I am getting off the point.

Who is it that we are trying to get in our practice?

One quick story. There are a lot of professional golfers in Orlando. One of them was referred to my office. I had a patient that plays with this dude. My patient thought the two of us would get along because we were the same age, we are both diehard Gator fans.
He came in to get his teeth bleached. We talked like old pals, we had lots in common.
Now this guy at the time was in the top 10 on the money list. I think he made close to 5 million dollars that year.
I never saw him again. My friend told me a while later that he was a little chapped because I charged him.
$300 to a man that made $5,000,000.
On the flip side of this, I was seeing a man for a new patient exam. He was a huge grinder and he had ground his teeth down to bits. So I told him, "You need a lot of work and it is going to be very expensive (something like $40,000) to fix your teeth."
He said he would think about it and let me know. He drove away in his 12 year old Suburban.
I told myself, "Yeah, right".
He called in about 15 minutes and asked, "When can we start, I had to go home and find out how long it would take me to transfer money?"

Who are we trying to get to our office?
I have stopped trying to figure it out. I set up my practice in a way that I think people would like. I have set up my office in a way that if I was a patient I would like it.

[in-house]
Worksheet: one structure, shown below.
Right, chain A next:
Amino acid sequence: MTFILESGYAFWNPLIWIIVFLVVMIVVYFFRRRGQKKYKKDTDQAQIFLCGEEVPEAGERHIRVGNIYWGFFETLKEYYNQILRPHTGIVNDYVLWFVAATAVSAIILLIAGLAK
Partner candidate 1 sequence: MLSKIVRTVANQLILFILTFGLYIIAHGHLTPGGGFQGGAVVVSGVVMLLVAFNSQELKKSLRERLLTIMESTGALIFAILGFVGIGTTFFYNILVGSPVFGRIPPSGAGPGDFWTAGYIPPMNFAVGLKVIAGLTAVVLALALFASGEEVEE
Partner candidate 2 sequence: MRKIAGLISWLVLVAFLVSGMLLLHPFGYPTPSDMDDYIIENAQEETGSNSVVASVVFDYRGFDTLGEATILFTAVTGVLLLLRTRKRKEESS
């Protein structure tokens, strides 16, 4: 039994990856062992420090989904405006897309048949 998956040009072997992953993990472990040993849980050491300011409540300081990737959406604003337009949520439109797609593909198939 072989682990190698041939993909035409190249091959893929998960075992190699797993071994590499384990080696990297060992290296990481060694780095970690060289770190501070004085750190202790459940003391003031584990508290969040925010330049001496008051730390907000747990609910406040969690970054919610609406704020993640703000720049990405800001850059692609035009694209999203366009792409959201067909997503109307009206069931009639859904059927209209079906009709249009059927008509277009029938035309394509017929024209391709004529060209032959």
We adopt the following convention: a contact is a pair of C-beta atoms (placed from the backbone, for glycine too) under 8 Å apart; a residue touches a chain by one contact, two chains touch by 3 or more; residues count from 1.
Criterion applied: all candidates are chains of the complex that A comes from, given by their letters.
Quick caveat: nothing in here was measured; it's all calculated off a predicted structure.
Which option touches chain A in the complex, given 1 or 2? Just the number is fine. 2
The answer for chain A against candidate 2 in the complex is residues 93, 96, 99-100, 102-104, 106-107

I don't care if the people are rich. I don't care if they are well dressed. I don't care if they are 50-65 years old. I don't care who's money they use.
I just want them to appreciate what we are doing.
I want them to appreciate the staff.
I want them to want what we have to offer.
In the last week I have had two patients that were NOT rich getting work done. These are the kind of guys that are doing one filling a month because they can't afford to do the work all at once. But both of them on two separate occasions said to me, "I appreciate you."
Not "thank you" or "I appreciate it".
This is the stuff I work for, "I appreciate you" and they looked me in the eyes and shook my hand.
And I said,"It is my pleasure", because it really was.

Have a great day.
Talk to you on Wednesday,


Anonymous said...


So, so true about people. They say "Do not judge of book by its cover!" and it holds very true to us. The best approach is to diagnose the needs, understand their wants and do the best we can. Sometimes their wants overpower the needs, but we must hold true to why we are dentist in the first place...and AGD members.

As for the $5 million golfer, you have to understand that it must have been an HONOR or PRIVELGE for you to treat him! NOT!!!!!!!!!!!!!

When you see him on TV, drop him a note telling him how nice his smile looks!


Joanne said...

I have two things to say... Most USED Mercedes owners are too poor to buy a new Mercedes but because we want HIGH quality we buy them used BECAUSE they are quality cars. We cannot afford them new, but we want the quality! New Mercedes owners can always afford to waste alot of money on a new car. And most Professional golfers are NOTORIOUS for being CHEAP because they never know when they are going to "win" their next paycheck. Professional golfers are like professional gamblers...very unreliable financially. Both are notoriously BAD tippers! They have learned to be cheap simply because their career is so unreliable financially that they never know when they are going to be rich one day, or broke the next.

gatordmd said...

Someones is catching up on all the old blogs.
Welcome to the family. Thanks for commenting.

Ps this particular golfer made 10 million that year